The Tide Turns

The completion of nearly a year of rebuilding was also when we hit the first waves of positive cash flow. For the first time in our history, our business generated cash in June’18. Being cash positive for us is not a relative term – it is an absolute addition to our cash reserves through income net of ALL variable and fixed expenses.

Being able to reach a cash flow positive position is an incredible feeling. It is one thing to know it can be done conceptually and feel hopeful of getting there and another to actually achieve it. Having accomplished this on our own terms and in accelerated timelines, gives us the absolute confidence to calibrate our journey forward. We will reinvest our earnings to fuel faster growth, secure in our knowledge that we can traverse the continuum between generating cash and accelerating growth and shift gears in either direction as and when needed.

As we exited July’18, we had finished 10 consecutive months of achieving all our goals and despite all the odds, had more than doubled our monthly orders and revenues in the same period, while cutting down our cash burn by 100%.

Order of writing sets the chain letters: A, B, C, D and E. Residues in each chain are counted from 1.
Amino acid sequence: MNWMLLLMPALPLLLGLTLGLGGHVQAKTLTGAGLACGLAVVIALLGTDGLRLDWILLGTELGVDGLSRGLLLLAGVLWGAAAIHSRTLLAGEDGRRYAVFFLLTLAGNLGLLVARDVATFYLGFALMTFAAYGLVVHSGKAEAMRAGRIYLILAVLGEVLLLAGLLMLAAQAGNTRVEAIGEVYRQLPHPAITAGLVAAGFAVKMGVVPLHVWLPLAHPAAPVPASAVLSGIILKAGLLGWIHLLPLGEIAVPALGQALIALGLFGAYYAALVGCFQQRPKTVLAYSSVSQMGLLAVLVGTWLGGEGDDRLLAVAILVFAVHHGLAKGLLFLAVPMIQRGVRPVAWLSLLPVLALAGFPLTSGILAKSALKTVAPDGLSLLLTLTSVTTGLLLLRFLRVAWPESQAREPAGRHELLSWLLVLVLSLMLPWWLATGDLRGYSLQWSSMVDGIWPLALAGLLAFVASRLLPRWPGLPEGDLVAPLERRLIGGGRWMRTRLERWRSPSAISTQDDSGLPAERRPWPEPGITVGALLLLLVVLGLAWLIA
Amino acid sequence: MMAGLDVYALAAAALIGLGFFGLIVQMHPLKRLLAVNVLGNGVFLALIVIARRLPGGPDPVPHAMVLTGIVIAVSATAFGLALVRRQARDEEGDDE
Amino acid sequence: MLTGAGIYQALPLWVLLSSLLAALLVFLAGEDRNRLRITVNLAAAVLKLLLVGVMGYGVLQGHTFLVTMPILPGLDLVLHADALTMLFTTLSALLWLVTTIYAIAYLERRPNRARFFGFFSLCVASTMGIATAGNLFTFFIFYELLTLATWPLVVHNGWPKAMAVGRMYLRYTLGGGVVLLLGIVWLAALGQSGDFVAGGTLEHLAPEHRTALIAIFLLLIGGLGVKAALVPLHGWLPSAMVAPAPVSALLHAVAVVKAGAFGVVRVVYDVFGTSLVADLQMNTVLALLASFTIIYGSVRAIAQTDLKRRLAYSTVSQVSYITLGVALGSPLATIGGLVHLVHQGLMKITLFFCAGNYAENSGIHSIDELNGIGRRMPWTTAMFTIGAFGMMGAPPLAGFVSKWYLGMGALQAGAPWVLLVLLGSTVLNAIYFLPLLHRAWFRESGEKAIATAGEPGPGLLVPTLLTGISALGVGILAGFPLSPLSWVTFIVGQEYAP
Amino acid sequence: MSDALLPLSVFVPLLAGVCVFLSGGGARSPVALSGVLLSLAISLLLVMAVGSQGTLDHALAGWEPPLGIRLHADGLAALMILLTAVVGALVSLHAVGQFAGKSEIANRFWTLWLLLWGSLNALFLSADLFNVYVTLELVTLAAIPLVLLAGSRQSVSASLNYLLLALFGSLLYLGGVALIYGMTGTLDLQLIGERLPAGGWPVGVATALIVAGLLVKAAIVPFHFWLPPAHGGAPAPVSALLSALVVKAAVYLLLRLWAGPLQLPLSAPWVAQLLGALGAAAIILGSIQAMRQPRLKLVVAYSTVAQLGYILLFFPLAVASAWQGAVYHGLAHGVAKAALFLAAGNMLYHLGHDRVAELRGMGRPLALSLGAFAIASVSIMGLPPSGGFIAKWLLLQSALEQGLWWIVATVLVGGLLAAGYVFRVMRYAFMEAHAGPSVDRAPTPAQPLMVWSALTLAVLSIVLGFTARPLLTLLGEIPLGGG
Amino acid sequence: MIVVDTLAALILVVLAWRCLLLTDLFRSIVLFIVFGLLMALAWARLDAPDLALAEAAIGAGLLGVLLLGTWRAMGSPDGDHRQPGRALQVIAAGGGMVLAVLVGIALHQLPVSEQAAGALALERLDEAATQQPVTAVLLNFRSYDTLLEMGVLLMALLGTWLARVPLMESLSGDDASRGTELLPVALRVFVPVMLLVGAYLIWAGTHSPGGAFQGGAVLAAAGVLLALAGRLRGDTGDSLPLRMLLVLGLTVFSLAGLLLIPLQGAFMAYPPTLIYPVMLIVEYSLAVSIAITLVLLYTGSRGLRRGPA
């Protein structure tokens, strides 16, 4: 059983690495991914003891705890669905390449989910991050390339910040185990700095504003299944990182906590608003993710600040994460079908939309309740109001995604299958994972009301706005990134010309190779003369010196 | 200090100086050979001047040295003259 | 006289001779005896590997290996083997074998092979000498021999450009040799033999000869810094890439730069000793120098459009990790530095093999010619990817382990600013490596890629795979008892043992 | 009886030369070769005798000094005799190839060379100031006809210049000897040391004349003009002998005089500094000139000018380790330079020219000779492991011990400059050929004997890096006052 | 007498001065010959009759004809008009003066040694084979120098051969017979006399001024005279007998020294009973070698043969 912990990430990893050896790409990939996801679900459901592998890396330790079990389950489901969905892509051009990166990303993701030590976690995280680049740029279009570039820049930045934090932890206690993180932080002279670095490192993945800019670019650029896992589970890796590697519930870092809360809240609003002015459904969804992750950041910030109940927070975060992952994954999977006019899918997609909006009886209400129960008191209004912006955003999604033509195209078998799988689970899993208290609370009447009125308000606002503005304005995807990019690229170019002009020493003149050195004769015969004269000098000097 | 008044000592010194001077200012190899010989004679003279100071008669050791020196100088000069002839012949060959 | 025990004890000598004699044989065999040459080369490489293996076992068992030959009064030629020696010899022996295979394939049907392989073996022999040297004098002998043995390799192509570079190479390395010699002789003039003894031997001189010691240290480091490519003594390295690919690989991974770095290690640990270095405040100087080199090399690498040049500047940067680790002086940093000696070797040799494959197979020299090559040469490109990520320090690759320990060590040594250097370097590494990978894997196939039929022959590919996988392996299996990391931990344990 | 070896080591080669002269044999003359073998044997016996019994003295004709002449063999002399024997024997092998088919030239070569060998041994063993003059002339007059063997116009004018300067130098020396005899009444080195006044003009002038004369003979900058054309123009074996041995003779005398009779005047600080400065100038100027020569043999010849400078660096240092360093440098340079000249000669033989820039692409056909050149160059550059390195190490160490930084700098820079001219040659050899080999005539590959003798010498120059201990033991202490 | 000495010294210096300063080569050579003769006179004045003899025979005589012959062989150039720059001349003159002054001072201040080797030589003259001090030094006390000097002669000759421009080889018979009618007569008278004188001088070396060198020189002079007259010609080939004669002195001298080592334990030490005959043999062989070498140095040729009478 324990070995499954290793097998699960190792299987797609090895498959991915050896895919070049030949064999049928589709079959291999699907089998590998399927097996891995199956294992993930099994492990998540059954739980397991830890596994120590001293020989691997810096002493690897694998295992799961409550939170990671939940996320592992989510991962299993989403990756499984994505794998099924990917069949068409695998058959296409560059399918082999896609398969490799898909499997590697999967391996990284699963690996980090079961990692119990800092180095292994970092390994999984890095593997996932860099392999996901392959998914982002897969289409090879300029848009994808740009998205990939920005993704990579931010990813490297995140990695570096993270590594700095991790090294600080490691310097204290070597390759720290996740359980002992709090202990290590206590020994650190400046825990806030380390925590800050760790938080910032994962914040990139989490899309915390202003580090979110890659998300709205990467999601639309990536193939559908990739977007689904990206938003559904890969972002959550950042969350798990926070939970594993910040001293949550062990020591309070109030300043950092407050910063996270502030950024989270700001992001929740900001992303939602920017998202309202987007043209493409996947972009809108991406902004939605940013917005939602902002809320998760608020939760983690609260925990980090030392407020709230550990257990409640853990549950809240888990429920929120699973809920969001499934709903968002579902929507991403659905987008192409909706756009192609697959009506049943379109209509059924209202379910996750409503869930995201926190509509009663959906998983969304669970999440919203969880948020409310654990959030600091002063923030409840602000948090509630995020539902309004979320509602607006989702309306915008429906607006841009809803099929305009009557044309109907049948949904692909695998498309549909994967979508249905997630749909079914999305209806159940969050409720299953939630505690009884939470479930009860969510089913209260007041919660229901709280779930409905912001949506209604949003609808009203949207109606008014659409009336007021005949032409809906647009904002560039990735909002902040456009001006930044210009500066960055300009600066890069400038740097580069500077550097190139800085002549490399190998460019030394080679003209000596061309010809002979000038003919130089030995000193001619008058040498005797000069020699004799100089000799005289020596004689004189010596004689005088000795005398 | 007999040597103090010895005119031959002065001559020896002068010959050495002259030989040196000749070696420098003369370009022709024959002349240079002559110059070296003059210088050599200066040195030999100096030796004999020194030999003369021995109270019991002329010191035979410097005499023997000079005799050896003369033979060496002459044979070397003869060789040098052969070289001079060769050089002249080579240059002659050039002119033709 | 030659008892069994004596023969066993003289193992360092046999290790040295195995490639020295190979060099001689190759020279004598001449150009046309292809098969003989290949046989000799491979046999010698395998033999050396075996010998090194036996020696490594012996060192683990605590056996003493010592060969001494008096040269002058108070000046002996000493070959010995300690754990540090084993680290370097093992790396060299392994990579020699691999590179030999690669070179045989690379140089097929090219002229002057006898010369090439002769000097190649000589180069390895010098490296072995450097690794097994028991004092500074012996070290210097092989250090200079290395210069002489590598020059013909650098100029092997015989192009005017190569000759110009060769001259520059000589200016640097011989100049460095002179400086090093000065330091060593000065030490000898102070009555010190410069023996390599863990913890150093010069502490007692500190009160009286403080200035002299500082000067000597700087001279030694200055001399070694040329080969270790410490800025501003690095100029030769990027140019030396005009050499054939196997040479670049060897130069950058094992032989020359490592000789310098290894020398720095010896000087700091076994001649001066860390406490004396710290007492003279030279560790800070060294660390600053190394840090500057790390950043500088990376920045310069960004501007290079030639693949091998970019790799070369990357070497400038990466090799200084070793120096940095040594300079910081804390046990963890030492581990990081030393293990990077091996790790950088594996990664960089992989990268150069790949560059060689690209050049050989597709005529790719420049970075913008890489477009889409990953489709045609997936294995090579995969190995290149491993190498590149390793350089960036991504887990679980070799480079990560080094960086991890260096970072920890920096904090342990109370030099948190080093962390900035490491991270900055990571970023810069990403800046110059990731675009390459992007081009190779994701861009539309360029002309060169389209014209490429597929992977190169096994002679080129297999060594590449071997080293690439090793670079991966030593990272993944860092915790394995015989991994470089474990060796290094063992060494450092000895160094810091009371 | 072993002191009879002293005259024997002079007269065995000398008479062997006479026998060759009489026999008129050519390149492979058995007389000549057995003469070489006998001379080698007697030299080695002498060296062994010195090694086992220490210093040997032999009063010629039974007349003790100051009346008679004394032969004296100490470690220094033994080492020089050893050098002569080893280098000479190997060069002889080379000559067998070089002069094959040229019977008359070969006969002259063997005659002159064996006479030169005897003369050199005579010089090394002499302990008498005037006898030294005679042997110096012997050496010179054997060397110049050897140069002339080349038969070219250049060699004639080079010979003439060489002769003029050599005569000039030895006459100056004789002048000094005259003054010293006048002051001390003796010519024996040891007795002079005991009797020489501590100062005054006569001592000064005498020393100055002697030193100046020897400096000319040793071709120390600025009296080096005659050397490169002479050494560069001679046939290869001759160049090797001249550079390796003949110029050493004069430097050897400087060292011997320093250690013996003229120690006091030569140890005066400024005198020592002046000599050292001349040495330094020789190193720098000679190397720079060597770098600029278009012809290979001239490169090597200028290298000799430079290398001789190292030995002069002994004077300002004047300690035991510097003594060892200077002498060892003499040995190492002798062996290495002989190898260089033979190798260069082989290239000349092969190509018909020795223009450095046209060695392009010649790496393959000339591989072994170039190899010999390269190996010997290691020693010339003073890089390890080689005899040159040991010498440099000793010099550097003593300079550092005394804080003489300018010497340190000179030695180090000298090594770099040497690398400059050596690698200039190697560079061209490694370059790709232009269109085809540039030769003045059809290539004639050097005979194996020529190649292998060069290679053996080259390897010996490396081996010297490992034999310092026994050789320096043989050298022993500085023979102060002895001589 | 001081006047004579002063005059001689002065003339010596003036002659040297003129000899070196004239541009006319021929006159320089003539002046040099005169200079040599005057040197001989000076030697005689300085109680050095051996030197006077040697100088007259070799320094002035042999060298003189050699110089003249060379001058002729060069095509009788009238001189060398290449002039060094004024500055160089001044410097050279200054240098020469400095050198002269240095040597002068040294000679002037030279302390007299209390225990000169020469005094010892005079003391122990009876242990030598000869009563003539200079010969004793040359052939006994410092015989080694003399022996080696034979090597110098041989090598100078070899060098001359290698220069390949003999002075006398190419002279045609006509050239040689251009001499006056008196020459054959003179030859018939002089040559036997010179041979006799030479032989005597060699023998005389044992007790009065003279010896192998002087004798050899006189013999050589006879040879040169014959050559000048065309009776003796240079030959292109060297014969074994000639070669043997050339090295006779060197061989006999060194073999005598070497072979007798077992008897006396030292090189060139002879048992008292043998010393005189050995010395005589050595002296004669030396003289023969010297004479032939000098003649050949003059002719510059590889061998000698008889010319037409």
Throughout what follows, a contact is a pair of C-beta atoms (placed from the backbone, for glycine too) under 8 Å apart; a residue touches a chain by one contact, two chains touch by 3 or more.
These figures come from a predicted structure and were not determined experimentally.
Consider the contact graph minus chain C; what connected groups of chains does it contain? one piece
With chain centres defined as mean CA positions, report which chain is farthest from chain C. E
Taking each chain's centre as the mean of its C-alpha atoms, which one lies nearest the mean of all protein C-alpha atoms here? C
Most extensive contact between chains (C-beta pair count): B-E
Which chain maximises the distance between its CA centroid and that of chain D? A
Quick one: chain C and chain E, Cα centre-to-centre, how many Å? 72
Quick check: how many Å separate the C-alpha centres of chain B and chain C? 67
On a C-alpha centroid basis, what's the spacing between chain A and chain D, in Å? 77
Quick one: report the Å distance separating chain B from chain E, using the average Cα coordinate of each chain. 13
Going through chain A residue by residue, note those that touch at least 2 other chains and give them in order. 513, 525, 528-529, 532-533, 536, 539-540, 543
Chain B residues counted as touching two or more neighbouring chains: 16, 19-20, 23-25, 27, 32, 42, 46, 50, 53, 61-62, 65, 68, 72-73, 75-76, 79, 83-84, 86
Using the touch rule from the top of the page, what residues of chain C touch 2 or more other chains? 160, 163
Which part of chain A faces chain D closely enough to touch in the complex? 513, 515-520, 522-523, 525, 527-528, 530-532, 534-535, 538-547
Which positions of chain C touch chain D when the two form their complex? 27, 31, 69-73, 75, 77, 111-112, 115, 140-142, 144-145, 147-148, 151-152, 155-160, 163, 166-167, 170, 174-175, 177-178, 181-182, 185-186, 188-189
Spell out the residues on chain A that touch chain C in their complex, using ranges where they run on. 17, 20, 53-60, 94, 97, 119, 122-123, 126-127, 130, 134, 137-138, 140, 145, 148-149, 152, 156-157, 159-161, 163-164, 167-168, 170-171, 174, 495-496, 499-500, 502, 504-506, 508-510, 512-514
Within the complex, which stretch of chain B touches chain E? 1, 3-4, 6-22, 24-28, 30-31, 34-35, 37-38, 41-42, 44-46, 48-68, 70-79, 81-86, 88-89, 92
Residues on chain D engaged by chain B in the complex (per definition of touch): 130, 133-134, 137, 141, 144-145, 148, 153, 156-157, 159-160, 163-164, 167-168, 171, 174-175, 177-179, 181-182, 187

While the current scale is significant, there is clearly a lot of headroom to grow with hundreds of millions of new online buyers coming joining the wave in the coming years. In the coming year, 20 million Indian consumers will buy on Snapdeal.

From near death to generating cash, from despondency to resurgence – it took a lot of courage, focus and discipline to turn the ship around sharply. And we achieved all this with a nimble 800+ member team – in a flat, agile structure responding in real time to external and internal needs. Healthy, rejuvenated and in control of its own destiny, Snapdeal is now sailing ahead towards brighter horizons (and we also just moved into our brand new, open plan office, which means no cabins for anyone).